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Archive for the ‘Literature’ Category

As the sun drops below the horizon tonight, more than 100 actors, singers, dancers and stage technicians will mount the opening night show for the 75th season of Paul Green’s award-winning drama The Lost Colony. The play premiered on Roanoke Island in the summer of 1937. The images featured here are from a prompt book […]

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On this day in 1941:  W.J. Cash writes Margaret Mitchell to explain a reference to her “Gone With the Wind” in his “The Mind of the South”: “About that ‘sentimental’ crack: thinking it over, I have an idea that what inspired that carelessly thrown-off judgment was the feeling that your ‘good’ characters were shadowy. “On […]

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“With 36 million manuscripts and a million rare books, the Harry Ransom Center, on the campus of the University of Texas at Austin, is a standout in the exclusive club of the world’s great museum-quality collections…. “The Ransom Center is on a buying binge, but not with the long-dead titans of literature in mind. Instead, […]

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“…I was lecturing in North Carolina when your letter arrived  — which reminds me that some of the Negro leaders in Greensboro… are so timid that they are not accepting as fast the new responsibilities of freedom as they might, which of course they rationalize as the sole fault of white people. Fortunately, this is […]

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“Not everyone was so enamored of the [Interstate highway] system’s unrelenting predictability. Critics had decried the sterile nature of high-speed roads since long before limited-access became a reality…. “Phillips Russell of North Carolina’s Chapel Hill Weekly wrote in 1930 that ‘as fast as improvements are perfected, highways constantly tend to become dull and uninteresting to […]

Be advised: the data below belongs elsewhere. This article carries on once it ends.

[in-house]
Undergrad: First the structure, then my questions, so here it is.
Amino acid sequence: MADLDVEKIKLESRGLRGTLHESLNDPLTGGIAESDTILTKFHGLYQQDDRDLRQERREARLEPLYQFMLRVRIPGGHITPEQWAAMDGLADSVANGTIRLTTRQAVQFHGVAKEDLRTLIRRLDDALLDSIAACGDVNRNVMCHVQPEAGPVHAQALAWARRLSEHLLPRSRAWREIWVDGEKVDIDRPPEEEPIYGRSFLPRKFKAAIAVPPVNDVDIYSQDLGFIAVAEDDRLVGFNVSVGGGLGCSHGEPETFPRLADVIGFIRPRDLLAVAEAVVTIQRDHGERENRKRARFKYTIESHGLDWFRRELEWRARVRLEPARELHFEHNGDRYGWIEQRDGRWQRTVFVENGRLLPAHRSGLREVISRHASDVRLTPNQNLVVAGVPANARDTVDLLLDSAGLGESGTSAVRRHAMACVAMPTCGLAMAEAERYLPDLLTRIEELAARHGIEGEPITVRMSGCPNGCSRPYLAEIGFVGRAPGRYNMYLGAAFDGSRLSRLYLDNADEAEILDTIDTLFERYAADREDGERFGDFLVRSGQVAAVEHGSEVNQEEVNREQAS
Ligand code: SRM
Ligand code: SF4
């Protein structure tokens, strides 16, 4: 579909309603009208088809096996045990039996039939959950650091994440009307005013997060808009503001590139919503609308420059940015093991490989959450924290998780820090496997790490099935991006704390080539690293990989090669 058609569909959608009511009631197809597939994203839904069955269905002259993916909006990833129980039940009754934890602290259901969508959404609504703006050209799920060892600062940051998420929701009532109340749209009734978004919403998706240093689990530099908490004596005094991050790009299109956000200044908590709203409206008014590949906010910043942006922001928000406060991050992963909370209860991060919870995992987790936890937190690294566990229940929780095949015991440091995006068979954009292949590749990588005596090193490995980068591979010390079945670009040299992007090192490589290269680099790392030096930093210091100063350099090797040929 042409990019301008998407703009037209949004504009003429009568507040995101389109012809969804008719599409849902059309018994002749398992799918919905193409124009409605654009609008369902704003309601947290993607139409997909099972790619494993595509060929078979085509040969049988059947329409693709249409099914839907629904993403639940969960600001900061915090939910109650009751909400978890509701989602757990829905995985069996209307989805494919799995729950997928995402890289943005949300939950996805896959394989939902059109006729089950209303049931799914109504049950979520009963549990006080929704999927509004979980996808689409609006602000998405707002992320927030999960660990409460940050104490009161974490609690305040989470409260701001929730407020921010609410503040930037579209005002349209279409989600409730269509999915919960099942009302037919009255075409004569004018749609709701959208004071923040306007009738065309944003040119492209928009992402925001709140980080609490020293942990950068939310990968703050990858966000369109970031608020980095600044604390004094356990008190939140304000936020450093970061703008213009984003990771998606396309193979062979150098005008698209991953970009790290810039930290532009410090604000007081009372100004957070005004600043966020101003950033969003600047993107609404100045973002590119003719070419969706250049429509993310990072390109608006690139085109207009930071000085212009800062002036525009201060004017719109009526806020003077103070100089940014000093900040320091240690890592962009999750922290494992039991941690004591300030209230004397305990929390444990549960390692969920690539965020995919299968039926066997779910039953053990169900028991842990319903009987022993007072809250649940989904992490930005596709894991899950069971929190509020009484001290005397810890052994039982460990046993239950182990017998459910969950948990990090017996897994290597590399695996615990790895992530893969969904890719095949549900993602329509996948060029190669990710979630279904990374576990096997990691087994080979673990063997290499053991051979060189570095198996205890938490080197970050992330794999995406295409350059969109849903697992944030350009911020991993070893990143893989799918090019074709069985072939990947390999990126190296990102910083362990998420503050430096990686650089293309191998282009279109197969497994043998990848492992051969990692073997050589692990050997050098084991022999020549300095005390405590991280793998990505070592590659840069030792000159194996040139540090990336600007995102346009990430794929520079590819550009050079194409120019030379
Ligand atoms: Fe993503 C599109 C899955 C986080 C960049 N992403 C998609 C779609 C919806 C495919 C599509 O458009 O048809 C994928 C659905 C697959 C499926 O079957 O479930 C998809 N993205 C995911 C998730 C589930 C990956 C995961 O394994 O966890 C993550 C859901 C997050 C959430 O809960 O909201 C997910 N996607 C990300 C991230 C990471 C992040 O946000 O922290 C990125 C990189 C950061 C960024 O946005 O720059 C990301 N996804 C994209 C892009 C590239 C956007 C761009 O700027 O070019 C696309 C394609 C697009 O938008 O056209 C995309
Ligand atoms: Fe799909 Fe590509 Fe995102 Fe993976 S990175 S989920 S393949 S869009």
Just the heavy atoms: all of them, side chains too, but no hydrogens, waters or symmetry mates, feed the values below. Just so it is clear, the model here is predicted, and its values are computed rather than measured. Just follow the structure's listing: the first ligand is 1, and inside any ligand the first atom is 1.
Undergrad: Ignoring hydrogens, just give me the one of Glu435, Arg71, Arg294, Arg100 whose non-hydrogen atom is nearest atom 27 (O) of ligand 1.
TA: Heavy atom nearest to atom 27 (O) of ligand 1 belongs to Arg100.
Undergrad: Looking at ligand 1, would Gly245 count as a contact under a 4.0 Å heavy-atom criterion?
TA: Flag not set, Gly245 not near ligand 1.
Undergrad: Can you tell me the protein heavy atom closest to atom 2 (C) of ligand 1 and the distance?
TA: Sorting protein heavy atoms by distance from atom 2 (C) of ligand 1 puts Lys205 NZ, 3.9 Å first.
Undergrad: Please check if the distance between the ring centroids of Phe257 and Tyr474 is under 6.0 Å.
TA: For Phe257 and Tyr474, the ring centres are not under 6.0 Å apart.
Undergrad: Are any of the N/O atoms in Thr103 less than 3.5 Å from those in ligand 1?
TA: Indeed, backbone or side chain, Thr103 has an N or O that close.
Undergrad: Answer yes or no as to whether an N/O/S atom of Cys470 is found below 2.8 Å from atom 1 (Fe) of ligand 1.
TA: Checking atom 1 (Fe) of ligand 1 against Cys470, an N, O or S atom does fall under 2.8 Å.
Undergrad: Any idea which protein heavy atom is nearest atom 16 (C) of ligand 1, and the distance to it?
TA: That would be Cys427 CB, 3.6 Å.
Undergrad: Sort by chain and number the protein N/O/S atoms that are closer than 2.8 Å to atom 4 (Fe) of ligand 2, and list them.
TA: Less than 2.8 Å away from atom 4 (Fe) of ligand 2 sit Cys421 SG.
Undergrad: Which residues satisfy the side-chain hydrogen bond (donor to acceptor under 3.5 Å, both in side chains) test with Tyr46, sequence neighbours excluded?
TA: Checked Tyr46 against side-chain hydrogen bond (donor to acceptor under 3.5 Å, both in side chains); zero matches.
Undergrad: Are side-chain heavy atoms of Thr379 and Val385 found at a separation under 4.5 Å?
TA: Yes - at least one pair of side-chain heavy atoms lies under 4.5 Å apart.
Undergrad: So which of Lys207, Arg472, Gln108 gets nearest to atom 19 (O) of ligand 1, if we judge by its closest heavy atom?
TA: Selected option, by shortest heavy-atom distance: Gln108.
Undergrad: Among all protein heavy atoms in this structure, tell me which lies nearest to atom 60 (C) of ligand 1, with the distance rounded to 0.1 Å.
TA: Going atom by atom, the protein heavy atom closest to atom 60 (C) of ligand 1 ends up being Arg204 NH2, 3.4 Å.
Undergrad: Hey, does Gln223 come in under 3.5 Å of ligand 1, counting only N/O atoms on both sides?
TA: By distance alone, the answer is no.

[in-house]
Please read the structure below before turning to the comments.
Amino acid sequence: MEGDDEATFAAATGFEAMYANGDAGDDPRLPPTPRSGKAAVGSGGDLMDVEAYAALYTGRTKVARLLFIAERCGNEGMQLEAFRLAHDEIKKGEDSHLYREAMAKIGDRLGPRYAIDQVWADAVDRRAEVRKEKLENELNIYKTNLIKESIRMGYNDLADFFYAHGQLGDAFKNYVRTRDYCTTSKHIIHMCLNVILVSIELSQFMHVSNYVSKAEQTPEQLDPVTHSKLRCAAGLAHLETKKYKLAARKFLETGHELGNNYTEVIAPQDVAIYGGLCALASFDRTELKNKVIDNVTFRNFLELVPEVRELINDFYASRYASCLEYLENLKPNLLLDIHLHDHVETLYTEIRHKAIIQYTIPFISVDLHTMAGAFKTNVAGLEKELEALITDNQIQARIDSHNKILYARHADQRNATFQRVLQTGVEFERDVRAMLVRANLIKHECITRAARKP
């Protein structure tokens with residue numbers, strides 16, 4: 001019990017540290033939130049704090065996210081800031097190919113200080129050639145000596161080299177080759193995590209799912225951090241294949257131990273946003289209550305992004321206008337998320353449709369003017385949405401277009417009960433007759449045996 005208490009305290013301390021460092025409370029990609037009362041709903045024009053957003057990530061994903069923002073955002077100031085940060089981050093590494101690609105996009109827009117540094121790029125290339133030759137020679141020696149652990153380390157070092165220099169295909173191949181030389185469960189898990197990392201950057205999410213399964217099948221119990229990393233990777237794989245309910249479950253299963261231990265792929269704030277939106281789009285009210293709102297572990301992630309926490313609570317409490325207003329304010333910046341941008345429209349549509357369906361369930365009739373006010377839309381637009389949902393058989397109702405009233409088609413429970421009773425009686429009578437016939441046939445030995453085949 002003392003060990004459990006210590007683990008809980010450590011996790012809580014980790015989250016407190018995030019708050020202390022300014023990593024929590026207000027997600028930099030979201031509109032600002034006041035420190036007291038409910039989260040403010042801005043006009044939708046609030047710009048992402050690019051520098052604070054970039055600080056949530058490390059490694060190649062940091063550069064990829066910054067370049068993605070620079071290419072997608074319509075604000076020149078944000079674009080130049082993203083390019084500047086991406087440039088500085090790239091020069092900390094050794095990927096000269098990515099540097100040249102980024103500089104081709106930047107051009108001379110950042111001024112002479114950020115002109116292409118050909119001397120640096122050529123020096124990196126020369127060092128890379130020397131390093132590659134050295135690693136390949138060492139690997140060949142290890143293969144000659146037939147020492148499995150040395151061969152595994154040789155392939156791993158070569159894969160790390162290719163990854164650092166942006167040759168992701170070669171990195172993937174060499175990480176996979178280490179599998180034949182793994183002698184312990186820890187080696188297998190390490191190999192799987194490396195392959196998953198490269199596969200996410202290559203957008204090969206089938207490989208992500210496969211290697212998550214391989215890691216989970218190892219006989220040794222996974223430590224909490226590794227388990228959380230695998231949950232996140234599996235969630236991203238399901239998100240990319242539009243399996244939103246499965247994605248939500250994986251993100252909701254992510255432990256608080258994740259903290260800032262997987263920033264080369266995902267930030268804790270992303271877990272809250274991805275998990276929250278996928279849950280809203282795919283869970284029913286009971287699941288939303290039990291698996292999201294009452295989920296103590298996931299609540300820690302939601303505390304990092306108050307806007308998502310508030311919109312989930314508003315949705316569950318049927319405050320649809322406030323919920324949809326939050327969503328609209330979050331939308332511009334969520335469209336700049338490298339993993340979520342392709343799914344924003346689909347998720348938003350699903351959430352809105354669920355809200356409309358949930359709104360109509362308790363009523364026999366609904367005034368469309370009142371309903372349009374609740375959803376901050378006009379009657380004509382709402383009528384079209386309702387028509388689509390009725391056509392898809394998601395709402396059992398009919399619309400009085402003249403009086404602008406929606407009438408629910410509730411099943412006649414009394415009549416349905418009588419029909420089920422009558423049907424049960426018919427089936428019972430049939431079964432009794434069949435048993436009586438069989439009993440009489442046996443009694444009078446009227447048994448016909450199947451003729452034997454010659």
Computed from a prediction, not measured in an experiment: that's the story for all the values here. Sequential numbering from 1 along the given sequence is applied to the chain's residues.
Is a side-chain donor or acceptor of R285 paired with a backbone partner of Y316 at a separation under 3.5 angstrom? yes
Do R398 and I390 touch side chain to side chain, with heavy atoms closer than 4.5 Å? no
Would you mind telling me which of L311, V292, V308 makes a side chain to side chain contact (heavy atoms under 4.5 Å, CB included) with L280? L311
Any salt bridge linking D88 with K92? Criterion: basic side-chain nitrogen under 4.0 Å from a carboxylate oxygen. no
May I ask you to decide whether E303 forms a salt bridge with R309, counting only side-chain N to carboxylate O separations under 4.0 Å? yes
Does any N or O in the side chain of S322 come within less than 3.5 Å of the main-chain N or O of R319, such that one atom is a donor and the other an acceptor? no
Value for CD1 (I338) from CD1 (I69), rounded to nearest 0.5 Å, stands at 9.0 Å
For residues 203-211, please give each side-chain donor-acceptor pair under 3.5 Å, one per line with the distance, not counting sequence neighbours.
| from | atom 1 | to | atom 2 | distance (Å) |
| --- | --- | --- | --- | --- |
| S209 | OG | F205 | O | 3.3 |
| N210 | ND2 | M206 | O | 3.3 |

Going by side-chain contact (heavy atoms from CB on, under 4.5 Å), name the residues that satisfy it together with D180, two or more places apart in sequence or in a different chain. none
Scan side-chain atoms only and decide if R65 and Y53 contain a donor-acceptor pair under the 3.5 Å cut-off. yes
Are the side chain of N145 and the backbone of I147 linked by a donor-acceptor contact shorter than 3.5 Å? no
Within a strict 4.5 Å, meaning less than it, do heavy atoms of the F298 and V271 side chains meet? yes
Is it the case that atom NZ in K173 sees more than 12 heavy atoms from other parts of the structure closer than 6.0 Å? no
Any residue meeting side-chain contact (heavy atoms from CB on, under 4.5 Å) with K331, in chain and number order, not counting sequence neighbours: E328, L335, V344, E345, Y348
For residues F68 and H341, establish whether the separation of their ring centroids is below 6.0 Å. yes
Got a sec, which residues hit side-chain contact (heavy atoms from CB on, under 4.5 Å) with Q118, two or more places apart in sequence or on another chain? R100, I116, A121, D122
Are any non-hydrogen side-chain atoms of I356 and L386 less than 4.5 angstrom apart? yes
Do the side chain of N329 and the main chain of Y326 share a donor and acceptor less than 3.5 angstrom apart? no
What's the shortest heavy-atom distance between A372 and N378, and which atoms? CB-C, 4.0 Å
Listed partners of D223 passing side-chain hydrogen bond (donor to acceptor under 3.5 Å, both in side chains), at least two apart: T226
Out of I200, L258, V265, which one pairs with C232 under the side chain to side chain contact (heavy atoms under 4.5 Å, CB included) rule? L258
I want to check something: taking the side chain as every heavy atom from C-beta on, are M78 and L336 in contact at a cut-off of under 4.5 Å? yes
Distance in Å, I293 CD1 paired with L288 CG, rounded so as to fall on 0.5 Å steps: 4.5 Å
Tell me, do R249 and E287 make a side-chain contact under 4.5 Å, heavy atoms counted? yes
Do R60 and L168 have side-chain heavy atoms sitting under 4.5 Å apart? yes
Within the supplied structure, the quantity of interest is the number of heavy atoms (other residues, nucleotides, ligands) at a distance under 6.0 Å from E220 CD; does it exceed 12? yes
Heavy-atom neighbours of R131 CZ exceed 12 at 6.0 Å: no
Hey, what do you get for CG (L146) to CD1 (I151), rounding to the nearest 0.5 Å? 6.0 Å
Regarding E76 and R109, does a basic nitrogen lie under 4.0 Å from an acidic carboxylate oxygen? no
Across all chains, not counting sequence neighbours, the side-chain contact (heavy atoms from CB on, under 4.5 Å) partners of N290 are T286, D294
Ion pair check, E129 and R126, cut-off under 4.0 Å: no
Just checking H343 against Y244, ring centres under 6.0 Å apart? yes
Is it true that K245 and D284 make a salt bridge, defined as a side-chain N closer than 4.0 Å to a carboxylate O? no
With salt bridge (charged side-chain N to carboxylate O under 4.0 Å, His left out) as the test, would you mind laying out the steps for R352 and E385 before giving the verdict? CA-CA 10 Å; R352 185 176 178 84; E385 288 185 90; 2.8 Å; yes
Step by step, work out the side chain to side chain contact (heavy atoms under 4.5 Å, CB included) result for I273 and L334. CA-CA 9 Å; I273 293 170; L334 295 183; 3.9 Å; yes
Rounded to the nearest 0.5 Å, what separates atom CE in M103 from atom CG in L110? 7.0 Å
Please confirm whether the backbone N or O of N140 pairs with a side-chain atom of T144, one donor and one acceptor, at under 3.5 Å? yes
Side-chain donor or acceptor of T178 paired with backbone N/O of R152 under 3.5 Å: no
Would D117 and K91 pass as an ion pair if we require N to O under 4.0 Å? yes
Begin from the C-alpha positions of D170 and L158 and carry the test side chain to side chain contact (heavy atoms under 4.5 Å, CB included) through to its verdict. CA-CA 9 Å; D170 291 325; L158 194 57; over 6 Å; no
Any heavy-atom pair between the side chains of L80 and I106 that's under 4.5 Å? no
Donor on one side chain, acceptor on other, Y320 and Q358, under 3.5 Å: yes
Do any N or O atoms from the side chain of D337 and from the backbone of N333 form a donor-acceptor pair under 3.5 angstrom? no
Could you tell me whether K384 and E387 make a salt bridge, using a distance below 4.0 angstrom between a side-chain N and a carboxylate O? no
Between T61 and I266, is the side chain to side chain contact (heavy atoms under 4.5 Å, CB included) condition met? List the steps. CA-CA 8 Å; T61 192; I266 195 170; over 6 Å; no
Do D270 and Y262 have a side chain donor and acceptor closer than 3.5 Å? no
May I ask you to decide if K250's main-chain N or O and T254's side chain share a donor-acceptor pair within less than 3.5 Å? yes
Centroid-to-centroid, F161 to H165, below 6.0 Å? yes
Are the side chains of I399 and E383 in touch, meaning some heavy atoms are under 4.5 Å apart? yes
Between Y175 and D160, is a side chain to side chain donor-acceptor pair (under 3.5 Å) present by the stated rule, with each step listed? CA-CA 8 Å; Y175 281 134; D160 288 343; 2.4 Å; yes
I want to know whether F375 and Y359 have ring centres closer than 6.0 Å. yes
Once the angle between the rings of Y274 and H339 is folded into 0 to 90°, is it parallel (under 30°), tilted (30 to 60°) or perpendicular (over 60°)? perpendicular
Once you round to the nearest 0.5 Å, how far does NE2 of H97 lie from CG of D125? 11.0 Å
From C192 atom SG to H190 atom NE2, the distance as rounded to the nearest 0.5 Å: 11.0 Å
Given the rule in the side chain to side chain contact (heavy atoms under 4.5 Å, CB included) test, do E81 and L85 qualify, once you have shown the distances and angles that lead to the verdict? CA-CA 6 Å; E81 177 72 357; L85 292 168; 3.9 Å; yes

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“It was maybe an hour before midnight at the Avalon Nightclub in Chapel Hill, and the Miz [a player on the MTV reality show “The Real World”] was feeling nervous. I didn’t pick up on this at the time — I mean, I couldn’t tell. To me he looked like he’s always looked, like he’s […]

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- “The University of Illinois picked up a good bargain for $30,000: Illinois-born Poet Carl Sandberg’s private library, now housed at Sandburg’s North Carolina goat farm. – “Items: reams of Lincolniana (including the manuscripts of three volumes of Sandburg’s works on Lincoln), revised manuscripts of Sandburg’s Complete Poems and his yet unpublished Song Bag, Sandburg’s […]

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Launching pad for the fast-food apple turnover and the “I Have  a Dream” speech…. home of the pro baseball team that cost Jim Thorpe his gold medals… birthplace of Kaye Gibbons and Allan Gurganus,  Phil Ford and Julius Peppers, Mike Easley and Roy Cooper, Thelonious Monk and Kay Kyser, Buck Leonard and Sugar Ray Leonard… […]

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On Thomas Wolfe’s birthday, we recall not only the writer himself, but also those who’ve been inspired by him. Here’s one story of those who interpreted Wolfe’s words through art. In early 1945 the Limited Editions Club, a New York publisher, held a contest to find illustrators for about 45 literary classics, including Thomas Wolfe’s […]

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“Am now rooming [at Duke] with Art Katz of Memphis and Claude Kirk of Montgomery, Ala. Both are transfers from Emory, and they’re good guys.” – Letter from William Styron to his father, March 12, 1944 “[Florida Gov. Claude Kirk] rises to the challenge, occasionally with a fine and almost classic use of the language… […]

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